SANTA CLARA — Nearly 900 rental and for-sale homes are being offered in Santa Clara, part of what’s described as an urban town within walking distance of a rail stop.
The Nuevo complex will consist of 868 homes, along with 40,000 square feet of retail and restaurant space, a 4,000-square-foot community center, six acres of parks and a neighborhood garden.
The homes consist of 537 apartments for rent and 331 residences of varying sizes that are for sale, according to project developer SummerHill Homes.
“Located in the global center of technology, Nuevo will cater to the needs of the modern home buyer by meeting the growing demand for centrally located housing in close proximity to major job centers, entertainment and retail,” said Robert Freed, president of SummerHill Homes.
To be sure, with its location a few blocks from Sunnyvale’s Lawrence Station, which is served by Caltrain, the Nuevo complex will boast the draw of being near a rail stop.
Still, the development also may serve as a measure of the Bay Area housing market, which, by some measures, has begun to cool off.
Why? Prices for the homes that are up for sale in the $1.2 million, $1.6 million, or $2 million range. At the end of 2018, the median price for a Santa Clara County home, excluding condominiums, was $1.15 million.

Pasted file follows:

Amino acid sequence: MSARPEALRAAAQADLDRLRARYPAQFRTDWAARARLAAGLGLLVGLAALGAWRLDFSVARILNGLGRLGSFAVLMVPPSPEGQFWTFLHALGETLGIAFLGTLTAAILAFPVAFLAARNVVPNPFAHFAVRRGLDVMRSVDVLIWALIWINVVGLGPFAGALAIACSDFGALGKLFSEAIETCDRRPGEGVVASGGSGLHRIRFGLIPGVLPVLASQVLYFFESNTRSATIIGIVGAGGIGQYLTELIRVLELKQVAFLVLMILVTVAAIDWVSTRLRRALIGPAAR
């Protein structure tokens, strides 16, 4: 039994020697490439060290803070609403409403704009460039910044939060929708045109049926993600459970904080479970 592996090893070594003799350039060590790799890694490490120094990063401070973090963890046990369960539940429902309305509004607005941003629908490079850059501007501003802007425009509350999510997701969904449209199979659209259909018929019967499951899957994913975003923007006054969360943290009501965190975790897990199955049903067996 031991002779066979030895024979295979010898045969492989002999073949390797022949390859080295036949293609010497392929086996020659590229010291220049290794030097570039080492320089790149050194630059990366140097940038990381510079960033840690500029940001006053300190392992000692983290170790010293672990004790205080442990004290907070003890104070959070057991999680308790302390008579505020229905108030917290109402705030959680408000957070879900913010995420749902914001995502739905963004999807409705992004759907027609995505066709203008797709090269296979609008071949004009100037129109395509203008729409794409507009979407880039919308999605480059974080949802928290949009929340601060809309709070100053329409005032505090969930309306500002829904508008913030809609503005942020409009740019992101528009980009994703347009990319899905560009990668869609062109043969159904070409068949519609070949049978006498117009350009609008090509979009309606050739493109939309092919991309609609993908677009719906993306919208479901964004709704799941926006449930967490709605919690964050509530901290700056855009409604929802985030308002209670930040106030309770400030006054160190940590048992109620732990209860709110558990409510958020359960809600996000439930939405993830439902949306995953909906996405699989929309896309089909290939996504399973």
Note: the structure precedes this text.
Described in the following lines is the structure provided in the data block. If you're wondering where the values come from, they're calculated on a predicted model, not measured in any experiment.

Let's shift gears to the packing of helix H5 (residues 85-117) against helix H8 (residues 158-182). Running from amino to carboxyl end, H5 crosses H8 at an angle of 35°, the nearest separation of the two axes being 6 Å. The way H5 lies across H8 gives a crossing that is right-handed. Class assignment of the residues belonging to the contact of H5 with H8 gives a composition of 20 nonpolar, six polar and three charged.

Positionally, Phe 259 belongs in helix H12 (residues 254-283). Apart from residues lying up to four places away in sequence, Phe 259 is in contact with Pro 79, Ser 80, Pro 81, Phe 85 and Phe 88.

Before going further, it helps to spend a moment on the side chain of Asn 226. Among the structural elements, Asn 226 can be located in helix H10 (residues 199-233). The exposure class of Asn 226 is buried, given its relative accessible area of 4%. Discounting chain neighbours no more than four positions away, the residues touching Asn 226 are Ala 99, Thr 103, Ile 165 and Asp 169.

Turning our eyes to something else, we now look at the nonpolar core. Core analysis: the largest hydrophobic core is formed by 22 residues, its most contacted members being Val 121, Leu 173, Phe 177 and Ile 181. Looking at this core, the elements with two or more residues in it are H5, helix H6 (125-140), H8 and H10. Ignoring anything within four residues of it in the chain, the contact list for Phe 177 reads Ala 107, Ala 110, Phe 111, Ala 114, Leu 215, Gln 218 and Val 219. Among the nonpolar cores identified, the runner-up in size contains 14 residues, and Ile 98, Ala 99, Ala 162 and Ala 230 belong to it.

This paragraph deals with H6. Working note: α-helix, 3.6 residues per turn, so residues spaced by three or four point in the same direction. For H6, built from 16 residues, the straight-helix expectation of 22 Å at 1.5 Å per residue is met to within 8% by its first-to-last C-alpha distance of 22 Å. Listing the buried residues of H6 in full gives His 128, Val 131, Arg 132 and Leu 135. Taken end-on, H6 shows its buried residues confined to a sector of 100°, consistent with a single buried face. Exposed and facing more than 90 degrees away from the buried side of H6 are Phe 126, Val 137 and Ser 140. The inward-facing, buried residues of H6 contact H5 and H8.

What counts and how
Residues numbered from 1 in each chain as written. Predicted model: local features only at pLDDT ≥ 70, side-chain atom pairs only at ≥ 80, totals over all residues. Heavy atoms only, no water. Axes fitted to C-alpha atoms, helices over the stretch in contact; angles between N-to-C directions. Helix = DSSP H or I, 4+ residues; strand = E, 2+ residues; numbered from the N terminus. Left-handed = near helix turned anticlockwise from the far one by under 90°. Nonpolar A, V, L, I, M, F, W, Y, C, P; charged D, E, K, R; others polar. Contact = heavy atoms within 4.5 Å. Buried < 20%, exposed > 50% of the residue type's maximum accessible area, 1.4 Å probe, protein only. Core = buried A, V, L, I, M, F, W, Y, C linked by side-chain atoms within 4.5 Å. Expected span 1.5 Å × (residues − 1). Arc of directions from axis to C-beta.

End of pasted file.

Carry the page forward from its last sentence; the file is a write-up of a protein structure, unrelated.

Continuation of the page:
The for-sale homes have two, three, or four bedrooms, depending on the floor plans. The apartments have one and two bedroom, although pricing and precise sizes are yet to be revealed for the rental units.
The project at some point will also include a 126-unit condominium building that will be developed by veteran home builder Toll Brothers.
SummerHill homes recently obtained a pair of loans from Wells Fargo totaling $266 million that will be used for the project’s construction.
People should be able to start moving into the first groups of homes by late this year, SummerHill said.
The parks in Nuevo are slated for completion before year’s end. The community center is due open in the spring of 2020.
The hiring surge by the tech sector has intensified the hunt for housing in Silicon Valley.
Through a combination of property purchases, leases, or both, tech behemoths such as Google, Apple, Facebook and Amazon have launched an expansion boom that’s the greatest in memory. That growth surge has, in turn, increased demand for homes near the Bay Area’s employment hubs.
“Silicon Valley continues to lead the Bay Area’s tech boom with four times more tech occupancy than San Francisco,” said Chris Neighbor, chief operating officer with SummerHill. “With new companies moving into the area and existing companies expanding their footprint, the demand for high-quality new housing will only continue to rise.”
Urban community in Santa Clara is launched near train stop